SmallBizLady: HOW MUCH TIME DOES THIS TAKE ONCE I’VE DONE MY INITIAL SET UP?
BarbaraG: You will spend time seeking out guests to interview. You’ll want to ask them to provide you with a brief bio, their headshot and 5-7 questions they want you to ask. If you have an assistant on your team, you can offload the communication process to them. Not every guest gets their information back to you in the time you want it, so plan for some follow up time. To minimize the hassle of going back and forth over interview dates and times, you can set up a calendaring system that lets guests choose the best interview date and time for them. I use Schedule Once. Once the guest books their time, it automatically is added to your calendar.
After the podcasts are recorded, it should only take you about 15-20 minutes per podcast uploaded to your host site. I always do a brief recap of the show and that takes a few extra minutes. If you don’t do that, you can get the time to about 10 minutes. Again, an assistant can help you. If you don’t have an assistant, plan to invest about an hour of time to upload 4-5 interviews at once and schedule them for the upcoming month if your host provider gives you that option and many do. This is why stacking interviews is helpful. My podcast content is already complete going into March 2017.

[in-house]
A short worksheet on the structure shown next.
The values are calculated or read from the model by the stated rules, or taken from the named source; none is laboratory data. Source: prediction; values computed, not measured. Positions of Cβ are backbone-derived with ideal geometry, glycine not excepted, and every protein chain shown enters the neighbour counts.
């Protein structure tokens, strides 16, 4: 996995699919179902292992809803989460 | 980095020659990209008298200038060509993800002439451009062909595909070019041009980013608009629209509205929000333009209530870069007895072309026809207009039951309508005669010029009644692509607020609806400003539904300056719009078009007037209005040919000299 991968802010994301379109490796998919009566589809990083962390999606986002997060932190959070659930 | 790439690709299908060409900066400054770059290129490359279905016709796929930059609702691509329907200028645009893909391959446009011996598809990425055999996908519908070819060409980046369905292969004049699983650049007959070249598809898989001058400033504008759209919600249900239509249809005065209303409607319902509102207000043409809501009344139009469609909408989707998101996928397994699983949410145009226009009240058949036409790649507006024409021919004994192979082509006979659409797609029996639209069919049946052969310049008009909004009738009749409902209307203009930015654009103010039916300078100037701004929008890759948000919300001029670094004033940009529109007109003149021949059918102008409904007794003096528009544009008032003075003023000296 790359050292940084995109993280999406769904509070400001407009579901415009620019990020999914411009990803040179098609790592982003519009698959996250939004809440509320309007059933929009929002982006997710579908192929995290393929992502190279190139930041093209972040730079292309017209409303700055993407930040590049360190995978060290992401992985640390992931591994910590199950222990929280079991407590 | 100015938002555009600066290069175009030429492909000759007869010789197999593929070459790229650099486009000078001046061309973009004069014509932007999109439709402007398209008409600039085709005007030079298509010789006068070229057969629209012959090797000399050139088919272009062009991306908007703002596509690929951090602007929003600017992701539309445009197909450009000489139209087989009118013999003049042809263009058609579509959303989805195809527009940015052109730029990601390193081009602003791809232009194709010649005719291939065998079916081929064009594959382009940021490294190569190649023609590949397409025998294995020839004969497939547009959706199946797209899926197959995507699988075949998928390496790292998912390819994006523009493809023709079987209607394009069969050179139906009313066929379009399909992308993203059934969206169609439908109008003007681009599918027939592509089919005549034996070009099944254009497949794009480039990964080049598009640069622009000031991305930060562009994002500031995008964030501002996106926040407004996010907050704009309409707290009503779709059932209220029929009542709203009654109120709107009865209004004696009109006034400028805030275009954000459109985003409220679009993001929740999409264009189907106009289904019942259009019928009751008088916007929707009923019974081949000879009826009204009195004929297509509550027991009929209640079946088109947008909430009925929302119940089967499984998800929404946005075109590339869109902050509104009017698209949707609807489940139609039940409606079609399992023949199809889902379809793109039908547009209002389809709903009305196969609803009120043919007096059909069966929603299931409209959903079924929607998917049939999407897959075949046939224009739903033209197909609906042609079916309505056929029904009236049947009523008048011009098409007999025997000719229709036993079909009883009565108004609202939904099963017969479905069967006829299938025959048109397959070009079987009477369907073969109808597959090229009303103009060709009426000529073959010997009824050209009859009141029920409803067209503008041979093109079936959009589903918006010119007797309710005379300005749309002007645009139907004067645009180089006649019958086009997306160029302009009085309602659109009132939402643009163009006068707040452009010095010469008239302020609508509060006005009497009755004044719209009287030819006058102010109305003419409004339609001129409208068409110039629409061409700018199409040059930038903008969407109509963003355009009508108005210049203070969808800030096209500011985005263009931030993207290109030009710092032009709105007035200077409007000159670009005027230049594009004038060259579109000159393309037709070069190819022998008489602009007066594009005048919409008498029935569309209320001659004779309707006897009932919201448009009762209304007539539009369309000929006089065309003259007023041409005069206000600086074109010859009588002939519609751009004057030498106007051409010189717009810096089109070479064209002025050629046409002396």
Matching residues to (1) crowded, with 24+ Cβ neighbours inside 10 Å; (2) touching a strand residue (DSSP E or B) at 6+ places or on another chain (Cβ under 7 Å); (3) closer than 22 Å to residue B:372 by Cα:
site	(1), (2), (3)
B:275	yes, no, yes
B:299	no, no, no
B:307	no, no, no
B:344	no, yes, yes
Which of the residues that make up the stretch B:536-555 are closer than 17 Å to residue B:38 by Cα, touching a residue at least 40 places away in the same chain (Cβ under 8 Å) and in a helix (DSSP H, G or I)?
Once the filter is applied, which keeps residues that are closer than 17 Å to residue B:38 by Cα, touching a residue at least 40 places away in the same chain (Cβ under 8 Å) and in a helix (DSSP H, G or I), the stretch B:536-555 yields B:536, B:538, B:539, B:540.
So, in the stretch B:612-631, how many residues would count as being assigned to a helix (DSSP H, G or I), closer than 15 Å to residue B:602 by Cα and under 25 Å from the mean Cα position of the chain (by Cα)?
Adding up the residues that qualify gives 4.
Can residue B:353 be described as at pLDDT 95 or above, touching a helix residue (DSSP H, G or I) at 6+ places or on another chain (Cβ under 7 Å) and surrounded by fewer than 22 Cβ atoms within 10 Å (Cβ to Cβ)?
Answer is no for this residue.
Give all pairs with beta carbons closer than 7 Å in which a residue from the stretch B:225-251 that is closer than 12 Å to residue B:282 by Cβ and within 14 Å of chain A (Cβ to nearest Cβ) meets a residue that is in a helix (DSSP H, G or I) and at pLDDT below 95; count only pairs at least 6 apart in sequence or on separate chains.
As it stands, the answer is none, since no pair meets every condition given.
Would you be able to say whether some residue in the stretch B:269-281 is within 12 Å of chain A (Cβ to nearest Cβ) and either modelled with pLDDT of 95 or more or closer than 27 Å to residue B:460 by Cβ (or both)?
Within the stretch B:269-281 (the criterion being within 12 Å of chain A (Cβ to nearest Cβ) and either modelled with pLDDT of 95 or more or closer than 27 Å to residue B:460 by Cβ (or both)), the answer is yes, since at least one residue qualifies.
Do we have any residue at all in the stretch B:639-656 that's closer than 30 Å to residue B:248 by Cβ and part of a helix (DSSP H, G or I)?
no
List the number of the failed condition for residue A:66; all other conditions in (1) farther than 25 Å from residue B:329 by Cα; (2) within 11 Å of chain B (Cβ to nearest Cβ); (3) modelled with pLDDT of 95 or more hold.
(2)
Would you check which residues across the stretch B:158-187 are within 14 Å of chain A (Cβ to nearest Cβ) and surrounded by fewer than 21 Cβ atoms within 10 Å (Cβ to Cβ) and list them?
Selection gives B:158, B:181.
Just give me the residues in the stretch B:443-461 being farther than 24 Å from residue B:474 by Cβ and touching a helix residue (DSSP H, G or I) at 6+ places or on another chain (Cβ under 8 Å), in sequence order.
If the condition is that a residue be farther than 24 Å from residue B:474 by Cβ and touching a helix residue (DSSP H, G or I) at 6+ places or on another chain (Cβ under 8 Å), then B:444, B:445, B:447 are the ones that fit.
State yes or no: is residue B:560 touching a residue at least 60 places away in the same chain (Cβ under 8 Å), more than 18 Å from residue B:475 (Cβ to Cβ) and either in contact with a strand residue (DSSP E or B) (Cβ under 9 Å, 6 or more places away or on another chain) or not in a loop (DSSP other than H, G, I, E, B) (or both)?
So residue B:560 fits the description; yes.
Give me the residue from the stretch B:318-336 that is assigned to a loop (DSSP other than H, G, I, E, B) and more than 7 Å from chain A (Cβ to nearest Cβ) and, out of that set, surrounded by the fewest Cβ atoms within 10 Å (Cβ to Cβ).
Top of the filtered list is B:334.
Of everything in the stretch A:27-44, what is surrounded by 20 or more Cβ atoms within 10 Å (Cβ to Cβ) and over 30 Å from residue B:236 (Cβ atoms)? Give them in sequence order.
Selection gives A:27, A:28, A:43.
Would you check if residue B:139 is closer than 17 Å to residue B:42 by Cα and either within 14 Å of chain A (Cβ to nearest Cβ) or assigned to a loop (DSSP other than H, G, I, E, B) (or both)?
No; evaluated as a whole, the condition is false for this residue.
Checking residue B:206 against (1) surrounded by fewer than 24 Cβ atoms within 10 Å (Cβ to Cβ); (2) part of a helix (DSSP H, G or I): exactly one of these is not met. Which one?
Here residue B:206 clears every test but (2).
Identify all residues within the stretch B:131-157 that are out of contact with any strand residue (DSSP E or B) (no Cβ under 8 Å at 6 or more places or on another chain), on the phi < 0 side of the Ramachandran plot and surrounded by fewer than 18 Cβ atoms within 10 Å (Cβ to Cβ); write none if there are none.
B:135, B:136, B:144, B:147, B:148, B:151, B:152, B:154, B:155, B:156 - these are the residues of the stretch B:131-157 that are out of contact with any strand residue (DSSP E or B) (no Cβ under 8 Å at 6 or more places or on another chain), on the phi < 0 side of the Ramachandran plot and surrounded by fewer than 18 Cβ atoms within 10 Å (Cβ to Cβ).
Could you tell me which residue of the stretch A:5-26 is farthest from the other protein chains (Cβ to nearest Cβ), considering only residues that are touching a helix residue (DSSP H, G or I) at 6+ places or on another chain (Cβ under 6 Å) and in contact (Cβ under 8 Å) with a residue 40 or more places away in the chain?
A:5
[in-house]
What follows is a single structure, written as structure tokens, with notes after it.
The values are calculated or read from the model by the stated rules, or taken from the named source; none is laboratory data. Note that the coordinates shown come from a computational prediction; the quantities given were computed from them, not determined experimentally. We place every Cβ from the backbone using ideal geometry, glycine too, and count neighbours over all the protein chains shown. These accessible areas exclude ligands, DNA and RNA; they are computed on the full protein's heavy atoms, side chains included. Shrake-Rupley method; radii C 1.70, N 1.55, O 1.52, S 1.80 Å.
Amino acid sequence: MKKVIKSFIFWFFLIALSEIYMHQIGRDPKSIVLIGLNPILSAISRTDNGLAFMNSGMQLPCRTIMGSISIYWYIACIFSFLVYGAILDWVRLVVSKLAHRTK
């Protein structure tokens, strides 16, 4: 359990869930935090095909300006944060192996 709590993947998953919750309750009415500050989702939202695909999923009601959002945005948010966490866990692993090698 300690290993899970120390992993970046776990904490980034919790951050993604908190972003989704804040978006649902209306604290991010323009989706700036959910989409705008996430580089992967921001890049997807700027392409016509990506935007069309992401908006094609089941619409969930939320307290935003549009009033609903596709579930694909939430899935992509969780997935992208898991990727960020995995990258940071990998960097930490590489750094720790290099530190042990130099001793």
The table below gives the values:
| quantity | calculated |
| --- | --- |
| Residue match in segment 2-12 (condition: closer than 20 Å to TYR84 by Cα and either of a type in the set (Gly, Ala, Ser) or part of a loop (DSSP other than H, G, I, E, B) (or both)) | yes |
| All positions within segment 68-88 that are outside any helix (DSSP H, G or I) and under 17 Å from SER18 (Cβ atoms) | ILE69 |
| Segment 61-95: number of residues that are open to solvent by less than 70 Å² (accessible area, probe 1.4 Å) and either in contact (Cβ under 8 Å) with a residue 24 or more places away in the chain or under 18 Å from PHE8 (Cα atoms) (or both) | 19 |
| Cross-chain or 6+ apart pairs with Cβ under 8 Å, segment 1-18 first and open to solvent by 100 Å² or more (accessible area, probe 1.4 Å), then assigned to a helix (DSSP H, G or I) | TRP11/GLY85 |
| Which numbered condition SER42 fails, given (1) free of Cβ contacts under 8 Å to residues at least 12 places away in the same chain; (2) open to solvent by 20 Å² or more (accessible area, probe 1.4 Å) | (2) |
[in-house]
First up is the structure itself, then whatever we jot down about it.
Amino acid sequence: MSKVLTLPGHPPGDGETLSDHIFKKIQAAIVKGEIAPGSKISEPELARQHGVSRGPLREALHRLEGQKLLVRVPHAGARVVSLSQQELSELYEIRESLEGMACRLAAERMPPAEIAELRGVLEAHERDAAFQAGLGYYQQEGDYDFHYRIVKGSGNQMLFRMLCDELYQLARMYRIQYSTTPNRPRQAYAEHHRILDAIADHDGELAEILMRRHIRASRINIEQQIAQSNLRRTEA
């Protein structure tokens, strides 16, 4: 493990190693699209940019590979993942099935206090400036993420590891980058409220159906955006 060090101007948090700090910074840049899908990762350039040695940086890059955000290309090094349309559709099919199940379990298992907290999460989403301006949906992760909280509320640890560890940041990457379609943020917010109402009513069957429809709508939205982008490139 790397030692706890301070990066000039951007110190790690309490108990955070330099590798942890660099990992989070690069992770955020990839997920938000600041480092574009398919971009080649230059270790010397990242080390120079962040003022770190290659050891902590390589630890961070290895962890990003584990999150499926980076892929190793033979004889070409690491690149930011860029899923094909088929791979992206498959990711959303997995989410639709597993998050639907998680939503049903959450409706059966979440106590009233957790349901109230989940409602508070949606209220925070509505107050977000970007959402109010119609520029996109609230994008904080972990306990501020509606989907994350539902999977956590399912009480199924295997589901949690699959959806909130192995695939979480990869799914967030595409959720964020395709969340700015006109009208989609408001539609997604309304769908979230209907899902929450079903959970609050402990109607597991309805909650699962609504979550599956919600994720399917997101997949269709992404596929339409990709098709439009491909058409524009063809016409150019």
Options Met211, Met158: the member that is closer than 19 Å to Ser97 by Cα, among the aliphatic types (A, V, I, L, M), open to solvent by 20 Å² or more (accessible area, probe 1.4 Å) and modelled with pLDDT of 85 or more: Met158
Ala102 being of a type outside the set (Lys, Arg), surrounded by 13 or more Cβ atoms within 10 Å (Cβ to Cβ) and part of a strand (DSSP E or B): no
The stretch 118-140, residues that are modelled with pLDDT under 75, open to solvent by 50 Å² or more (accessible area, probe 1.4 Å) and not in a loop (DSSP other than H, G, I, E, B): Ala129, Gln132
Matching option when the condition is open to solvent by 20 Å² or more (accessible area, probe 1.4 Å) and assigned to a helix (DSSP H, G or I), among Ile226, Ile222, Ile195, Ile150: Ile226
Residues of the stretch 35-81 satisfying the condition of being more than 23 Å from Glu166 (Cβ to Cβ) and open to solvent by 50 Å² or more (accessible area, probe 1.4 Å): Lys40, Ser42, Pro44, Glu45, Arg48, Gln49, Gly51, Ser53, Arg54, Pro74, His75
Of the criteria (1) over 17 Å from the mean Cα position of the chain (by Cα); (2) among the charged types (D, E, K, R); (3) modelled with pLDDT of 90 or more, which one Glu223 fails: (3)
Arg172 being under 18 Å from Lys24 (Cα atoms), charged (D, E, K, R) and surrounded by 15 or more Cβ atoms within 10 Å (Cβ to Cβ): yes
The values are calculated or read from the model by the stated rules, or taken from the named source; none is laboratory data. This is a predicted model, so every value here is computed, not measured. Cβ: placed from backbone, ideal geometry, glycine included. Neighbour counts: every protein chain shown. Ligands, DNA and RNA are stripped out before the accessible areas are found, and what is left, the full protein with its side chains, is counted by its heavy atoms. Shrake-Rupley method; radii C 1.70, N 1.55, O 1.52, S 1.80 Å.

SmallBizLady: WHAT KIND OF EQUIPMENT AND SOFTWARE DO I NEED AND WHAT WILL IT COST?